The disabled Carnival Triumph limped into port in Mobile, Alabama late Thursday night four days after a fire stranded it off the coast of Mexico and left it with limited power, air conditioning, and functioning toilets. Conditions aboard the ship had deteriorated, and its decidedly untriumphant return to the States was watched closely by the media. Here’s what’s being said:
CNN delivers an iReport compiling tweets and photos from Triumph passengers. Among them: shots of people sleeping in hallways and a tweet from a passenger thanking the ship’s crew for taking care of the ship.
Carnival is facing questions about whether the fire aboard Triumph is related to mechanical troubles that delayed the ship’s departure on a cruise just a month ago, according to the New York Times. The paper reports that these incidents “may help to inspire a wall of legal actions from passengers,” but “the ability of passengers to sue cruise ship operators is sharply limited.” Cruise lines routinely set limits on how much passengers can recover from them, and even where they can file lawsuits.
The Huffington Post takes a look at the potential economic impact on the cruise industry. Though cruise bookings haven’t yet taken a hit, experts agree that could change, especially as more damaging video and images of the Triumph emerge. The site quotes Michael Driscoll, editor of Cruise Week: “Many cruise sellers expect a harsh round of media coverage to spike Friday and over the weekend, as firsthand reports and visuals get reported in national media and the hometowns of people once they return from the cruise. Logically, that may cause a downward blip in bookings, but it is expected to pass quickly once the situation dies down.”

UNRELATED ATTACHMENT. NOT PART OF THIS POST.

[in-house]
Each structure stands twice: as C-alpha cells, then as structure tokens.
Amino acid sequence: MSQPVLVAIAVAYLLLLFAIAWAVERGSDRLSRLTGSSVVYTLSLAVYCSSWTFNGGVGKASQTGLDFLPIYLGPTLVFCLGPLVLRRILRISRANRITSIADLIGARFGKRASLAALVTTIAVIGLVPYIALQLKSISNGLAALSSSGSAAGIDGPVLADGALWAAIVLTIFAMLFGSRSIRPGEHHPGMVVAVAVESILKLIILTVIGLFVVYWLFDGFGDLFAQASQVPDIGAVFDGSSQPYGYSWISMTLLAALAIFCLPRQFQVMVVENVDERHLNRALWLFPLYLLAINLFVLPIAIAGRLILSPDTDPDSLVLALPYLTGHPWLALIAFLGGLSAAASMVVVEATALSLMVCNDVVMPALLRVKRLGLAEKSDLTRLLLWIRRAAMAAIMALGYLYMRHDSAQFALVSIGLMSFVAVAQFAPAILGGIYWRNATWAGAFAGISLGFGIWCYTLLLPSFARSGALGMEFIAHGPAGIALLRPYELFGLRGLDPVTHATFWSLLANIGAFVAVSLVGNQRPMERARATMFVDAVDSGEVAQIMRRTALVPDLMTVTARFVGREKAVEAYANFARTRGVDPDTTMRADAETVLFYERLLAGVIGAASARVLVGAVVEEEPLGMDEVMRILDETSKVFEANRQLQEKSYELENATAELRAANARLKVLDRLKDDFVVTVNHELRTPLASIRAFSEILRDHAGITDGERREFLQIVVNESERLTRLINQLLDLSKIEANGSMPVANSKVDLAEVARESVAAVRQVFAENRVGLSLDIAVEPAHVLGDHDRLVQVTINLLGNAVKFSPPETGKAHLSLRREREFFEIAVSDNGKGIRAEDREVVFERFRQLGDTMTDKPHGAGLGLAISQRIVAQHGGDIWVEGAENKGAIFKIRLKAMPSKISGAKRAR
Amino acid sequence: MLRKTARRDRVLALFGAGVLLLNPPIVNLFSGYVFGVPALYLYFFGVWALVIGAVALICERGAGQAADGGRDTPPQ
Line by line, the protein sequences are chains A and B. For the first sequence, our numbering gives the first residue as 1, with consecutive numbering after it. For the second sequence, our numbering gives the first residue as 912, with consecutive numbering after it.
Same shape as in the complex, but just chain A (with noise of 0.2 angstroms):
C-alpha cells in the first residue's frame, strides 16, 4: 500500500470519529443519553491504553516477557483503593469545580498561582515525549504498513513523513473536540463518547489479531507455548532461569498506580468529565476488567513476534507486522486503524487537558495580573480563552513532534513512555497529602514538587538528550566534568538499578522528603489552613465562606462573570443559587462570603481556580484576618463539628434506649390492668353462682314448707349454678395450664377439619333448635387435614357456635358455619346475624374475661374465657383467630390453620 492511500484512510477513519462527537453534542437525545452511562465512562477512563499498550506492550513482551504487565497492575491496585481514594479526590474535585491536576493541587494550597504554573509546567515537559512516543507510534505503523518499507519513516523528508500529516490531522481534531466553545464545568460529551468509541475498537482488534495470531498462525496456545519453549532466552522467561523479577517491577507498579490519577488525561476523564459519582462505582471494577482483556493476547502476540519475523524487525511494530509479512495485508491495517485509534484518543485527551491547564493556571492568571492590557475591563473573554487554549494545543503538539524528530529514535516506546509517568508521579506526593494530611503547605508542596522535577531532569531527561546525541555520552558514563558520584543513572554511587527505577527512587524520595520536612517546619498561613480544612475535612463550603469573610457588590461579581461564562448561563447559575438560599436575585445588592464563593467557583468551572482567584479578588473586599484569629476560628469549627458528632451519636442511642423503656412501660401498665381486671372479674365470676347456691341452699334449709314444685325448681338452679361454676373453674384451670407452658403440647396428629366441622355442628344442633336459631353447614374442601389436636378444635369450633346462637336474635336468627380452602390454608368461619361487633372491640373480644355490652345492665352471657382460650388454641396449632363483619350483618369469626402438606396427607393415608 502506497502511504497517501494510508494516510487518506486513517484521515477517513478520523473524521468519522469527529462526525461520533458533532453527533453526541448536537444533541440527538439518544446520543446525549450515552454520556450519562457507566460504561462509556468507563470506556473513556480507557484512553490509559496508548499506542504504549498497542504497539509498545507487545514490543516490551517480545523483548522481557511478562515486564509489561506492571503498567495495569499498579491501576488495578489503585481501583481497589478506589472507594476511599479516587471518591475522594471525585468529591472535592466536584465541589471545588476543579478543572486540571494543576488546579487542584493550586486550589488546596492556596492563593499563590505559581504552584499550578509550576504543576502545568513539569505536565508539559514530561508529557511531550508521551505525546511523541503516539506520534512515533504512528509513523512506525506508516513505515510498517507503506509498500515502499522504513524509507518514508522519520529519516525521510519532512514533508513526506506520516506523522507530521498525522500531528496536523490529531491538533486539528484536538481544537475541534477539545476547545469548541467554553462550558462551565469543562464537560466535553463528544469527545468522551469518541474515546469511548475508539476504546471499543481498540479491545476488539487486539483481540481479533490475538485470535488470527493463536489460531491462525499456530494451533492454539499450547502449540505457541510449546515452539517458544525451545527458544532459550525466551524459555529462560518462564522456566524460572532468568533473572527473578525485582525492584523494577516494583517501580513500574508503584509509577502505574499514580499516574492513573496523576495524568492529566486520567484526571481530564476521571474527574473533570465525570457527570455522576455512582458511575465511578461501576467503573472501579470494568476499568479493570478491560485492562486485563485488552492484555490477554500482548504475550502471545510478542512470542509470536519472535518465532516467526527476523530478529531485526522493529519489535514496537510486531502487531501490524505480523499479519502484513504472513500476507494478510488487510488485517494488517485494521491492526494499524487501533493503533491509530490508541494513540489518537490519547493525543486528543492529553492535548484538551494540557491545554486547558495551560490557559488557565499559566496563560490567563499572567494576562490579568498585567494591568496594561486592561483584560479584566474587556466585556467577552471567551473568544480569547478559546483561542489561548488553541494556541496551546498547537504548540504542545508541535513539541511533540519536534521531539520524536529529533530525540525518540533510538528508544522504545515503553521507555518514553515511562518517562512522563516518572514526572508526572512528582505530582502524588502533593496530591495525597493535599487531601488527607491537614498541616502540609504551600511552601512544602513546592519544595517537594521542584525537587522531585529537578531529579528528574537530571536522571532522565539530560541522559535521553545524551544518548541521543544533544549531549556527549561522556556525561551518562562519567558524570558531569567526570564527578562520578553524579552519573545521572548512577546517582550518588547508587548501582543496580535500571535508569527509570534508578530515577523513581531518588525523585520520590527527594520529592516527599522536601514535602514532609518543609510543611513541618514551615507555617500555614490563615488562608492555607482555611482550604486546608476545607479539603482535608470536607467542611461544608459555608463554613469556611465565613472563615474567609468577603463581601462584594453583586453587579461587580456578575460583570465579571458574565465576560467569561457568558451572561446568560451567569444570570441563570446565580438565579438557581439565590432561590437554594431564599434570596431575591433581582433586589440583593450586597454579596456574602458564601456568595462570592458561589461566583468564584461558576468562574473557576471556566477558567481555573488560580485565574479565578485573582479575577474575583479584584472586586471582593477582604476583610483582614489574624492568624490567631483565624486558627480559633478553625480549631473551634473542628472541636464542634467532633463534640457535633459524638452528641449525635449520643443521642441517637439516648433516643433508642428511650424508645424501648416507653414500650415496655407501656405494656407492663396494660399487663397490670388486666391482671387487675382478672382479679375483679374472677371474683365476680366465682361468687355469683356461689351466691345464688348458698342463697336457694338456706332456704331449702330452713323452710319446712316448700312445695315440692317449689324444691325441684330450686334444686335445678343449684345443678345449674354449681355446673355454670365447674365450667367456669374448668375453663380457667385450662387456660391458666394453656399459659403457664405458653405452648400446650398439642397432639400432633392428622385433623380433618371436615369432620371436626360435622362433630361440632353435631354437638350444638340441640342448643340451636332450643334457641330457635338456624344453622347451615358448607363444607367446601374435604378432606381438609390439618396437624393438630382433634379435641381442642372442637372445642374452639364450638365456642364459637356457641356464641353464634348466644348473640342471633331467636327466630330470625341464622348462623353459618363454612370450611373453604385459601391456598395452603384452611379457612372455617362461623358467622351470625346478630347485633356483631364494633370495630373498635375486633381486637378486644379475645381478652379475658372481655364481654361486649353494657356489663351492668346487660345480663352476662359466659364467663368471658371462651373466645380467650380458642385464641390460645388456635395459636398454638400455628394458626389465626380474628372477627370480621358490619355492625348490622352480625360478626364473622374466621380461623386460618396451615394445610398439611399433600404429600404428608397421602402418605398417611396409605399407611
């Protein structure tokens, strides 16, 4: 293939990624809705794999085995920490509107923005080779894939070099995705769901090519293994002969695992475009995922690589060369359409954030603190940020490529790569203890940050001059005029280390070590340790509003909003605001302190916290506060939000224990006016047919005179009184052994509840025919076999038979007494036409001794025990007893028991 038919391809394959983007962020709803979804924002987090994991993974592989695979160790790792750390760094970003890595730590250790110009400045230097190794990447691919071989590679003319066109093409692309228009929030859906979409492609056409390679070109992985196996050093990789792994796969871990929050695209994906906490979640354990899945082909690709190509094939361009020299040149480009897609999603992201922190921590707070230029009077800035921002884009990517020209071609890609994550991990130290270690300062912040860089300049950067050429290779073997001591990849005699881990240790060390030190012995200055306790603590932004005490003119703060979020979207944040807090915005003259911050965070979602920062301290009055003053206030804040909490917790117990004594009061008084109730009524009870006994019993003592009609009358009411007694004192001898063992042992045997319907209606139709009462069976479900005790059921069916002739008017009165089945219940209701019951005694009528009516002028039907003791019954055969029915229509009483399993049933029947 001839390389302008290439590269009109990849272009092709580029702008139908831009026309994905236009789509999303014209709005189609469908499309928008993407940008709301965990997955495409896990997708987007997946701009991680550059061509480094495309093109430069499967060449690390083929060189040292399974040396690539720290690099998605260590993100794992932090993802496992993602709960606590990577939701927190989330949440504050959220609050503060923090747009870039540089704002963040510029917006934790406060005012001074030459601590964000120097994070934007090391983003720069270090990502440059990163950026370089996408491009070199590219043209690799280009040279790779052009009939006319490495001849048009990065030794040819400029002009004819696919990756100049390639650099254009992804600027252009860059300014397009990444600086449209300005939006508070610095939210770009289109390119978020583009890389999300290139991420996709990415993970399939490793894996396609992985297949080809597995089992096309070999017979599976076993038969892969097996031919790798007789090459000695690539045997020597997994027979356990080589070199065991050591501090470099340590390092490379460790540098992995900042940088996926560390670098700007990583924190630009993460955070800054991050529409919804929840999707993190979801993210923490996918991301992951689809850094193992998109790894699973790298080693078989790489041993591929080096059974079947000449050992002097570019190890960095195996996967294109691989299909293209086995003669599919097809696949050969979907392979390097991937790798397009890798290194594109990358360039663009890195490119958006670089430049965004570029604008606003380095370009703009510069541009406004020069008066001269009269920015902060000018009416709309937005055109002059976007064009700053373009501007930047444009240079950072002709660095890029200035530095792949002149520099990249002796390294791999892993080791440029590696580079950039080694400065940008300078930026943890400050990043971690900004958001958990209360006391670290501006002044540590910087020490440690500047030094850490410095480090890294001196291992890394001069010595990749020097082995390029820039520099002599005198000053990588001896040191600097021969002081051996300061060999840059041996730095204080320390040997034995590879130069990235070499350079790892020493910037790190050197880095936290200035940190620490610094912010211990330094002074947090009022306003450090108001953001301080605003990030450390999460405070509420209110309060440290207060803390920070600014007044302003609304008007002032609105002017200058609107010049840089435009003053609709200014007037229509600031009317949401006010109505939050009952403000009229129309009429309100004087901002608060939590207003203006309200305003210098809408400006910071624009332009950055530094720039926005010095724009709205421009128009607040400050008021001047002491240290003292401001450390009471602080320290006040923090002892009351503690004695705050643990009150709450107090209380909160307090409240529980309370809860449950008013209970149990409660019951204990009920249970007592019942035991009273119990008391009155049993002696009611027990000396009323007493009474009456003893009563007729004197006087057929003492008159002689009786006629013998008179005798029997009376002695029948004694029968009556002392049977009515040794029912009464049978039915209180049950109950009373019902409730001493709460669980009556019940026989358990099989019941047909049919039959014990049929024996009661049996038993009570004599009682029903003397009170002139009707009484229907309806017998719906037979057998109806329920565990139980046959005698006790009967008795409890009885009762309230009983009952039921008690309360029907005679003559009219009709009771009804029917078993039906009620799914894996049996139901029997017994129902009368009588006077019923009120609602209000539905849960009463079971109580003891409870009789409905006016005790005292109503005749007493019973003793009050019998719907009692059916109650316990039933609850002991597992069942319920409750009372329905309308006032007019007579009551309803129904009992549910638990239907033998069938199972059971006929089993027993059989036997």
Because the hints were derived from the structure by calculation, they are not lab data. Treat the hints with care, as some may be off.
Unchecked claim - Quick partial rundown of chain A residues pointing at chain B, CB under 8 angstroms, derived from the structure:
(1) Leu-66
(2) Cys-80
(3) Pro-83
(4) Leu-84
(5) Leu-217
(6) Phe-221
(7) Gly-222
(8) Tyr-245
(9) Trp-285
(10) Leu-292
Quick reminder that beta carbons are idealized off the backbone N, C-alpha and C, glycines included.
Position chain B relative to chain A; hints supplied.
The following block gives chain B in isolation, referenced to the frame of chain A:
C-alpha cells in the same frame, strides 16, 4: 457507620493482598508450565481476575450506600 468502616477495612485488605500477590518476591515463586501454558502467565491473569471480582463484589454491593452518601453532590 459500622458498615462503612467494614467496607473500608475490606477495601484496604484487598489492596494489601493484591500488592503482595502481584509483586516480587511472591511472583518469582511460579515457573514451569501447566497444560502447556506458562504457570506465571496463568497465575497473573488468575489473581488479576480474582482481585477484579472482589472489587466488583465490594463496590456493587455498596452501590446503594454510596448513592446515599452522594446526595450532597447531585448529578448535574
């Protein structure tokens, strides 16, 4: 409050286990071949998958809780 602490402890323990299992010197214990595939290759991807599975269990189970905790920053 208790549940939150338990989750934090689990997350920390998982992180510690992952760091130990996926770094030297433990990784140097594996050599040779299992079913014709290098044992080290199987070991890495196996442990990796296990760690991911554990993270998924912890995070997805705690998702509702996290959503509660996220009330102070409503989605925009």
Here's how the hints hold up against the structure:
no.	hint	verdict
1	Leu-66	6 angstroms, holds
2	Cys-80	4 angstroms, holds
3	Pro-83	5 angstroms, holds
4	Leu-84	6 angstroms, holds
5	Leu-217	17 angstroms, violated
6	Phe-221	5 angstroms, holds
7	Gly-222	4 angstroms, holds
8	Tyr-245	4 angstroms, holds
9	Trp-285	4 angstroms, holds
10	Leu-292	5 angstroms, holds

The Daily Beast enlists historian Andrew Roberts, a regular cruiser, to put the fiasco in perspective. “No one has died, unlike in other news stories around the globe from Iraq to Mexico,” he writes. “Yet overall the media absolutely adores cruise-ship stories, especially if they can be connected to effluent.”
Saying it was “treating a stalled cruise ship like it's the Shackleton expedition," Jon Stewart takes CNN to task for its wall-to-wall coverage of the ship’s return.